Channa micropeltes


{pronunciation} my-crow-pell-tease

Common name:

Red Snakehead, ikan toman (Borneo); toman (Sumatra); pla sa-do (Thailand); Ca Bong (Vietnam); Trie Chhdor ( Kampuchea)

First description:

Cuvier, G. & Valenciennes, A. 1831
Ophiocephalus micropeltes
Ophicephales.
Histoire Naturelle Poissons. Vol.VII.; pp.427.

Meristic:

D: 42-47 A: 25-28 V: present Ratio: 2.6-2.8

Ll:

82- 110

Description:

The dusky-toned dorsal fin is heavily marked with irregular black longitudal bands or blotches, whilst the sporadic creamy-white anal has a black longitudal band, with further faint markings. The slightly triangular and fan-shaped caudal is dusky with light markings in the upper part. The pectoral fins are a uniform dark grey. Ventral fins are white or cream.

In the upper body, there are 8-12 (Tweedie,1949; 15-20) narrow, bluish-green irregular vertical bars, which cross the lateral line overlaid by a brassy blue-green sheen. The greenish-grey mid-section includes an area around the gill cover which is tinted turquoise. There are large, continuous areas of black blotches with light grey spotted markings intermixed. The lower region is normally light grey.

Juvenile differences in colouration:

The bright markings of this regulary imported young fish may tempt the novice aquarist to buy this Snakehead for the community aquarium, with dire consequences !

Juvenile body colour is grey-green dorsally and below, the belly is creamy white. There are two black parallel longitudal bands. The upper one runs from the snout through the eye, to the base of the caudal fin, whilst the other begins just above the corner of the mouth, runs through the pectoral fin base and onto the caudal. The interspace between these bands is coloured brick red, which fades to a light pink (150 mm-300 mm in size) with age. Dorsal and anal fins are unmarked (Weber & de Beaufort 1922) and transparent. In Malaya, Tweedie (1949) describes several stages of colour phases in Channa micropeltes and illustrates the red interspace at a size of 150 mm (the intermediate juvenile stage) and at around 280 mm, when the bars break up and eventually become the adult pattern (400-600 mm).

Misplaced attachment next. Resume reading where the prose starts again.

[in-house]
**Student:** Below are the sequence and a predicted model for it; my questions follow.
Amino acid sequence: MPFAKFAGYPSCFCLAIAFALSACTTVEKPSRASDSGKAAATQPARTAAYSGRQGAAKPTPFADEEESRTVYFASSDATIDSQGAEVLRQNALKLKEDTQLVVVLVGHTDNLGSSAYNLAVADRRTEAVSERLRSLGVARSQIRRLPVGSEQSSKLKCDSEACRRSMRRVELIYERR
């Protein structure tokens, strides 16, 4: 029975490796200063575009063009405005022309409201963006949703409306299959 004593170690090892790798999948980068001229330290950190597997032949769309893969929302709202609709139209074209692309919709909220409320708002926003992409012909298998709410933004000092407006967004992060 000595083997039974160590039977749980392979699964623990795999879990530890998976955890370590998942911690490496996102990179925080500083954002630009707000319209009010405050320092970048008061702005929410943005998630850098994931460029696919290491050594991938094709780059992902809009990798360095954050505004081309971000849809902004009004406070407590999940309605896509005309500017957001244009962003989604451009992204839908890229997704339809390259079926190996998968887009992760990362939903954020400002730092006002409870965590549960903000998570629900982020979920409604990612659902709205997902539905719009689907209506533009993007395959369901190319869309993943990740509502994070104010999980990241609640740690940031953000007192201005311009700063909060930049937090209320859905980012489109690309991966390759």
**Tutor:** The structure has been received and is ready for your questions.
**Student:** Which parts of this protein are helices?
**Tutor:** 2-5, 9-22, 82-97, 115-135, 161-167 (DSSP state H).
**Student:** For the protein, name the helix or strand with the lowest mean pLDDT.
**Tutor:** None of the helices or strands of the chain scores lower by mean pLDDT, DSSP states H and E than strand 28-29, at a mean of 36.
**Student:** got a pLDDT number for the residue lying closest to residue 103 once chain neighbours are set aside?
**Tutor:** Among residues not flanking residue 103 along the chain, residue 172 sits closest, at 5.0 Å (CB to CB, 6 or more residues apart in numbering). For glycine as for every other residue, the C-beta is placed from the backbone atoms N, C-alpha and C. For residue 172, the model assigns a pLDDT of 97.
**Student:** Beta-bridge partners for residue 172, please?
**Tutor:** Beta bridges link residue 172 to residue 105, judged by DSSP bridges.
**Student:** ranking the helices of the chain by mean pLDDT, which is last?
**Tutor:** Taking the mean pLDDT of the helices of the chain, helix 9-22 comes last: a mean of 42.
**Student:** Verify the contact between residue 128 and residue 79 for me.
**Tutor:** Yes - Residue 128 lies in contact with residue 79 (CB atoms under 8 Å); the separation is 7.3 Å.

Size:

to 640 mm

Synonyms:

Ophiocephalus micropeltes, Ophiocephalus bivittatus, Ophiocephalus diplogramme, Ophiocephalus serpentinus, Ophiocephalus stevensii, Ophiocephalus studeri.

Geographical location:

The distribution of this well-known species includes India, Burma, Thailand, Vietnam, the Malay Archipelago and the islands of the Indo-Australian Archipelago. Further information:-

Billiton: Beaufort (1939).

Borneo: Vaas (1952) ; Vaillant (1902) ; Hardenberg (1936)

Indo-Australian Archipelago.: Weber & deBeaufort (1922).

Kampuchea: Kottelat (1985).

Malaya: Alfred (1966) ; Herre & Myers (1937) ; Tweedie (1936)
Tweedie (1949).

Sumatra: Vaas et al (1953).

Thailand: Smith (1945).

Vietnam: Kuronuma (1961).

Maintenance:

In Thailand 'pla chado' is rated highly as a food fish and is sent to market alive in tubs of water. When the fish is sold live it is promptly stunned and decapitated. It is a voracious creature whose habitat is mainly large rivers or ponds. So, in light of the above circumstances, water conditions are not critical although a temperature between 25 and 28 C is needed. In the region of West Borneo, Vaas (1952) Vaas (1952) lists this large predator as preferring to eat fish of all sizes, shrimps, prawns and crabs.

Breeding:

Very destructive towards other fish when guarding its eggs and has been known (as in other Channa species) to even attack humans at this time (Tweedie 1949).